Scott Dehorty MSW, LCSW-C

Chronic Pain 360

The First Step in Recovery

National Recovery Month is a good time to raise awareness

Posted Sep 29, 2015

Source: Shutterstock

September is National Recovery Month, a time to raise awareness about addiction, treatment and the path toward healing. While recovery comes in many forms, there are many misconceptions about what it really means.

Some people suffering from addiction view recovery optimistically, as something they are eager to work toward in order to improve their lives. Others view the need for recovery as a result of their own moral failing. They must be brought to their knees before they seek help.

For those of us working to help people struggling with addiction, recovery isn’t a pass/fail proposition. We seek progress and improvement, and encourage our patients and their loved ones to do the same. 

How does someone begin to heal? The first step is to acknowledge that we need to heal. A helpful analogy is car trouble: If there’s something wrong with my car’s engine, I don’t ignore the problem. I also don’t think I can drive the car faster and farther without a breakdown. Instead, I take the vehicle to a professional who can diagnose and repair the issue.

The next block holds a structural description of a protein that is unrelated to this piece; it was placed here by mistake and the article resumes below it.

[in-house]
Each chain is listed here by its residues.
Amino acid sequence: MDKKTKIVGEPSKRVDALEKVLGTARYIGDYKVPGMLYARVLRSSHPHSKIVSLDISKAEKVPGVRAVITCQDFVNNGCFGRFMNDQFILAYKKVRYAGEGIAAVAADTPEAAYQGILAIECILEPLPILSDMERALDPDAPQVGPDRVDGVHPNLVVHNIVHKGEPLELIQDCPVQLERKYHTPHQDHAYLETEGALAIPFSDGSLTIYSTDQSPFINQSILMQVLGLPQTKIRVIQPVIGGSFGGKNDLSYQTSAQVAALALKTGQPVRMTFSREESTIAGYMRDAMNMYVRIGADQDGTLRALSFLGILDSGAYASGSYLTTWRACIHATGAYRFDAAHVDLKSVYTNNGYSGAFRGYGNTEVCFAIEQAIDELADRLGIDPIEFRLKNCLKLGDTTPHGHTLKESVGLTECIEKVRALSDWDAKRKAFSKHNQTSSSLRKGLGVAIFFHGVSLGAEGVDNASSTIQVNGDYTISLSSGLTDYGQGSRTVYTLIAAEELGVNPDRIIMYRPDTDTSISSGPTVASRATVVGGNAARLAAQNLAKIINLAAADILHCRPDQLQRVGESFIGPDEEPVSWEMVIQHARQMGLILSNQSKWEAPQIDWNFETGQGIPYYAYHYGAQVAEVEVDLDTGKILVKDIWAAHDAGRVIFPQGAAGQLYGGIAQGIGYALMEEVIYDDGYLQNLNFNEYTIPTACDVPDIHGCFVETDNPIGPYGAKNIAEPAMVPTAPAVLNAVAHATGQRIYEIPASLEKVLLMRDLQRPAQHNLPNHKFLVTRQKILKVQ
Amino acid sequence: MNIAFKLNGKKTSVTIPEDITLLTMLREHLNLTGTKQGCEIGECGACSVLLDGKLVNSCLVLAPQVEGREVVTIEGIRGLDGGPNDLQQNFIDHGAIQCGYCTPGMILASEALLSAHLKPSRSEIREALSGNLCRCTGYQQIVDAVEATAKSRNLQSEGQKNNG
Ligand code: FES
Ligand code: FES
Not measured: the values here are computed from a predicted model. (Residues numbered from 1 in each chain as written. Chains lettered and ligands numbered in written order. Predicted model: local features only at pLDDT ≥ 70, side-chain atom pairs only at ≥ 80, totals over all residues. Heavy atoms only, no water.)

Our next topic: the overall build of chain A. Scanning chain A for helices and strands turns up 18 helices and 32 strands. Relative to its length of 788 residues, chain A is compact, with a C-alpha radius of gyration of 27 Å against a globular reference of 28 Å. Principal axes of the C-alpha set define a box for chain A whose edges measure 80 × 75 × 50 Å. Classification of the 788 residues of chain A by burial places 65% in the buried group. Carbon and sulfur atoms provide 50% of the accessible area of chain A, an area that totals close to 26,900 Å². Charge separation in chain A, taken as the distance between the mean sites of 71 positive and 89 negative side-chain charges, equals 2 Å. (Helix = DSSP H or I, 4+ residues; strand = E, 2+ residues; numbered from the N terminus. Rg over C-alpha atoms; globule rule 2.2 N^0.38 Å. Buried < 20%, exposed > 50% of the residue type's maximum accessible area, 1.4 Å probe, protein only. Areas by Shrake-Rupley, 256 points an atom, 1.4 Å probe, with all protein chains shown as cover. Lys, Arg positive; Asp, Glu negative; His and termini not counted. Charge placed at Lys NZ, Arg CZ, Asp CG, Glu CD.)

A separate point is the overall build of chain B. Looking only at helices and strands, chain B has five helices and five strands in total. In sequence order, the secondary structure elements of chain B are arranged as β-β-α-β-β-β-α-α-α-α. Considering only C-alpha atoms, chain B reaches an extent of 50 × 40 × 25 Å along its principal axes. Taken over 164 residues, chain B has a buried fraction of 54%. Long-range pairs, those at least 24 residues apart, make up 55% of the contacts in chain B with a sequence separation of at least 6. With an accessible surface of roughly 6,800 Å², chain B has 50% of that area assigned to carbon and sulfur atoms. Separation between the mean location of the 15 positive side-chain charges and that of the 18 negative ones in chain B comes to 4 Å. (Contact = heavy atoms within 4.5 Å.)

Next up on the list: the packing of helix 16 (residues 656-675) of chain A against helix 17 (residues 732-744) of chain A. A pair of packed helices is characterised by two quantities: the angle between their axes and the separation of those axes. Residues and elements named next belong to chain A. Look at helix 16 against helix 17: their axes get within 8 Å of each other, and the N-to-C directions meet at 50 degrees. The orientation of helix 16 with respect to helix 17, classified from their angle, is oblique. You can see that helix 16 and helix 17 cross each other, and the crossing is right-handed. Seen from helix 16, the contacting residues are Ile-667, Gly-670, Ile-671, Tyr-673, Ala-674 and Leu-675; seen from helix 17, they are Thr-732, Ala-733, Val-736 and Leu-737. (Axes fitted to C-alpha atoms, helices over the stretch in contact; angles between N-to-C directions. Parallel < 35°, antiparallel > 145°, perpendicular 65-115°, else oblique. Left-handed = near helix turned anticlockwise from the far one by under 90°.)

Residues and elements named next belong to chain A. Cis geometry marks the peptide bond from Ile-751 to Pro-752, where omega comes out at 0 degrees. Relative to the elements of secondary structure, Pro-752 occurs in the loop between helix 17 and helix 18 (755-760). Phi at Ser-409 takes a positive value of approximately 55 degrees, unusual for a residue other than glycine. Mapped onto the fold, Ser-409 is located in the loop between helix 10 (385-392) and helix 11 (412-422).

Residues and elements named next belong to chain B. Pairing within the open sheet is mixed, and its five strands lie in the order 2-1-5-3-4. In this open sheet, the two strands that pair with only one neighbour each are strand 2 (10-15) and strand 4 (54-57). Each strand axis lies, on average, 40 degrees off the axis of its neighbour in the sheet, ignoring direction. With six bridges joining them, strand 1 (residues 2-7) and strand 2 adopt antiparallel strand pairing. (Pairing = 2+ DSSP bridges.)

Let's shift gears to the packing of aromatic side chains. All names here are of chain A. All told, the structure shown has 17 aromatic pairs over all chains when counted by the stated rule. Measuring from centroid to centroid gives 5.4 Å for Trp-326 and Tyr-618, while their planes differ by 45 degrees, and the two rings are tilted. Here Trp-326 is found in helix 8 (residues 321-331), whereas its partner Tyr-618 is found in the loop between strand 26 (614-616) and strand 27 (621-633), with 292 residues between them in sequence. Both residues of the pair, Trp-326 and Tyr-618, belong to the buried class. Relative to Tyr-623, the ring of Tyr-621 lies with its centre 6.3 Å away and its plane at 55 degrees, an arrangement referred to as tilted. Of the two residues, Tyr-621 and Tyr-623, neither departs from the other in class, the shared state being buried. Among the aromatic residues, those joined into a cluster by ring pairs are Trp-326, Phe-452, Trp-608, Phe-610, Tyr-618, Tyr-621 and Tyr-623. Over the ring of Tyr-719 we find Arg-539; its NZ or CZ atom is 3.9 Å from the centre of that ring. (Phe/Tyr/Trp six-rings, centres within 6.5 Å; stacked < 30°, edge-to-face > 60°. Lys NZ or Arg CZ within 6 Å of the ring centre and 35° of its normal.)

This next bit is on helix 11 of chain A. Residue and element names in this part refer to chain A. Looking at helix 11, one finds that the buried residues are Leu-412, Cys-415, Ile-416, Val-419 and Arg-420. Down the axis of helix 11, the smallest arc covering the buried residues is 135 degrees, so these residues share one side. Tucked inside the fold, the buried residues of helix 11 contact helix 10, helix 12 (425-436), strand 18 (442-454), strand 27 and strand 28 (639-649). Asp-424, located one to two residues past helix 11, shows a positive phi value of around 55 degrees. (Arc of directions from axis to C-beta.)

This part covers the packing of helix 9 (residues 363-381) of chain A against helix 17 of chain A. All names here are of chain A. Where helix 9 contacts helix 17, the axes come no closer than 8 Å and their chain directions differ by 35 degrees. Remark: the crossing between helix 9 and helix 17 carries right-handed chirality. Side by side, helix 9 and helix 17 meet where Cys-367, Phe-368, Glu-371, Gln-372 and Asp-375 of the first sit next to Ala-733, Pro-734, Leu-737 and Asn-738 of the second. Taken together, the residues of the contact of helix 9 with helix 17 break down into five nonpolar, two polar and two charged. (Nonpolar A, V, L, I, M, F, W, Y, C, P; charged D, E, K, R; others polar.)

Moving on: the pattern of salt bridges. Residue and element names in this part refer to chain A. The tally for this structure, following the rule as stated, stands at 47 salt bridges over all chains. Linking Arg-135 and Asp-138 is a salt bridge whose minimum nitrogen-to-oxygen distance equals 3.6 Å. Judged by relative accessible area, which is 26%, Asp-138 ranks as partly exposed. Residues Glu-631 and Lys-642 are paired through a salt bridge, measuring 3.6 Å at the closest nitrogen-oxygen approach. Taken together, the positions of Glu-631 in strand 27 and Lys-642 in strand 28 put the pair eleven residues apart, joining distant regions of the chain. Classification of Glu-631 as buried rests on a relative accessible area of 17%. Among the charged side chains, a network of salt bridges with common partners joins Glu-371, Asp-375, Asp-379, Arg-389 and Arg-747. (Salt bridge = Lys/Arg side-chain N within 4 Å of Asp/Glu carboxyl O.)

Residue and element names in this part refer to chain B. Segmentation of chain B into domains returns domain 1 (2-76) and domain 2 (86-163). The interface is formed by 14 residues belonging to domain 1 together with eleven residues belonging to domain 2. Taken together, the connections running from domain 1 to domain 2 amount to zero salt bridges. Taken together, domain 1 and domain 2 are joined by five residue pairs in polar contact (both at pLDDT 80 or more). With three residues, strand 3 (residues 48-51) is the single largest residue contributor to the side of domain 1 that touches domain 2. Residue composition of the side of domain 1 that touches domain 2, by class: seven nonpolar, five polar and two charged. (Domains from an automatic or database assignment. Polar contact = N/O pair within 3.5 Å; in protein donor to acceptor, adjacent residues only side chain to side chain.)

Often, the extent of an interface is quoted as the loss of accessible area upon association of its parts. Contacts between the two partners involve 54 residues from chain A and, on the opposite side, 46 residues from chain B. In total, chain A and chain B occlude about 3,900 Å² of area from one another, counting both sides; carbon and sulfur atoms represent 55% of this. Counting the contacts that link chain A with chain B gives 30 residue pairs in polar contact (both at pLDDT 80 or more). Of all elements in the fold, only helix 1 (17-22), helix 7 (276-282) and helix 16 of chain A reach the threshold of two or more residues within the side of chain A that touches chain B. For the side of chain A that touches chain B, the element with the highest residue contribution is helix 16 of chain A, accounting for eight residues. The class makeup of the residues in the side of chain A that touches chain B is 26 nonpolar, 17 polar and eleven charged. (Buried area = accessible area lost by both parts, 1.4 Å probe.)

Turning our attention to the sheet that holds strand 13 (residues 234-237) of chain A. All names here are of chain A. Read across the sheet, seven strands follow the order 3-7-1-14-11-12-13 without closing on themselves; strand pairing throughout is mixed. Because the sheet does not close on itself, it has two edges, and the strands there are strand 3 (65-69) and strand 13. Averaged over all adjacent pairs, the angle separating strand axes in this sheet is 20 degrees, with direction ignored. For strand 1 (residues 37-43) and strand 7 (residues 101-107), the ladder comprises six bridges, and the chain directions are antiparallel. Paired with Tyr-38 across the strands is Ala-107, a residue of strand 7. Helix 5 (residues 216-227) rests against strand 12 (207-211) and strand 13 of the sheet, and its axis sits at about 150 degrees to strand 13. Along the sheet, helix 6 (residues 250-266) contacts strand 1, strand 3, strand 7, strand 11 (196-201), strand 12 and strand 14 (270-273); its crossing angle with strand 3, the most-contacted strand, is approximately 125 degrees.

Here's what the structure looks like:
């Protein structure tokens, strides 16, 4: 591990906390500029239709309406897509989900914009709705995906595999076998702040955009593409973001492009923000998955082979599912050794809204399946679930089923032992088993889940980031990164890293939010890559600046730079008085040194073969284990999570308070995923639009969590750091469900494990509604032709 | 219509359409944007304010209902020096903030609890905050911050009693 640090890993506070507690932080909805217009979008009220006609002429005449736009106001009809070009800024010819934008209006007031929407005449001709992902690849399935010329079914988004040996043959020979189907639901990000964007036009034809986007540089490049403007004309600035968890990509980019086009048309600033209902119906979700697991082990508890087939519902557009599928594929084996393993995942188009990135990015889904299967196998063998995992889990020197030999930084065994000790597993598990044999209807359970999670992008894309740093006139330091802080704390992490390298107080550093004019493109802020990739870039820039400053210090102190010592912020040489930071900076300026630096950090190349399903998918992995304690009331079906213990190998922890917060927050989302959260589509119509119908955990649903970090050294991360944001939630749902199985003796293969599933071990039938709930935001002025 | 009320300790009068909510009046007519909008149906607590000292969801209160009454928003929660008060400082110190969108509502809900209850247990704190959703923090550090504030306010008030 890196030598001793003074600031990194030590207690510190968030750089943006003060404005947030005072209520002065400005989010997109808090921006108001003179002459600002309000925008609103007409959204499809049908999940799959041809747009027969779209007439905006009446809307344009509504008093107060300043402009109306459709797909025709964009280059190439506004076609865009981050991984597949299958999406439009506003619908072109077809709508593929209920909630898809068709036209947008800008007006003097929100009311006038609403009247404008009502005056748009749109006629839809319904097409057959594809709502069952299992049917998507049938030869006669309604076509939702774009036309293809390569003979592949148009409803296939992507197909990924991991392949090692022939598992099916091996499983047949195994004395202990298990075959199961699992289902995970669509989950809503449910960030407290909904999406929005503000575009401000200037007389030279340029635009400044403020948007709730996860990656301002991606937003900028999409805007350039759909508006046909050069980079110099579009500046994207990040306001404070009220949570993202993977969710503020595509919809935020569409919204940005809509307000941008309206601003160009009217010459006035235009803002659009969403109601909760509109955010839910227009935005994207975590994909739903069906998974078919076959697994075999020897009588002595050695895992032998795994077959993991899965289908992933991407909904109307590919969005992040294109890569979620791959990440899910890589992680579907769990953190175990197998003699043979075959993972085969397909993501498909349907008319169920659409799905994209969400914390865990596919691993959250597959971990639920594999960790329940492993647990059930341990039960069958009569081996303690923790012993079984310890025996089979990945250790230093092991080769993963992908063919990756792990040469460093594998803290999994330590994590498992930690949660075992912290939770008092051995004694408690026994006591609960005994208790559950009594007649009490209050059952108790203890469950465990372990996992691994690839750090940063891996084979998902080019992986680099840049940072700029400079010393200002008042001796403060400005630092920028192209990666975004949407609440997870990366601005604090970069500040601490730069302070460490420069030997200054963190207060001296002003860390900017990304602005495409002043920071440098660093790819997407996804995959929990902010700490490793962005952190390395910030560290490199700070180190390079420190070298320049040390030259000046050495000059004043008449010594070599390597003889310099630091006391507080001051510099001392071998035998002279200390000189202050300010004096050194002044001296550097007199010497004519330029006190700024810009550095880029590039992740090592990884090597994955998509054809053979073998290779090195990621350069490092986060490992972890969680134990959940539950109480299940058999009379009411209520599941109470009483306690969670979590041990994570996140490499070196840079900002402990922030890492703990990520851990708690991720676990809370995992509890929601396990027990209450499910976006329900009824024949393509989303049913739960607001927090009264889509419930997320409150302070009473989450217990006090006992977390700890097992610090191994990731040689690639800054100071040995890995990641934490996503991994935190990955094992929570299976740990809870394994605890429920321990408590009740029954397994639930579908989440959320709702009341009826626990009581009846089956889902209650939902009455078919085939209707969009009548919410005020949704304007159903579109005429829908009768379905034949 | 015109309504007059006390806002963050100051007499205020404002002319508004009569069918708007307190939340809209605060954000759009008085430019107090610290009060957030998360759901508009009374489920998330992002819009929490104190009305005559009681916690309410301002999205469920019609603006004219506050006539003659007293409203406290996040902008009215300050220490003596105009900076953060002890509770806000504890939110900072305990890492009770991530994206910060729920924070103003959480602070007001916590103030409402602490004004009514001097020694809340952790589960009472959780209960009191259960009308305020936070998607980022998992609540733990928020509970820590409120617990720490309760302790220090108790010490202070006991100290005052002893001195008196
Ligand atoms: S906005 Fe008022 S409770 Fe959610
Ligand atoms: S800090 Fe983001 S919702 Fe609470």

But the stigma of addiction, denial and pride often prevent people from admitting a problem and seeking the help they need. In a way, deciding to actively work toward recovery simply means we have the same pride of ownership in ourselves as we do in the vehicles we drive.

There is no “one size fits all” method to reaching recovery. Addiction requires a holistic, multi-modal approach because the entire person becomes ill. The body, mind and spirit need to recover, not just the body. The more angles from which we can approach the problem, the better are the chances for a positive outcome. After all, we have many miles to go.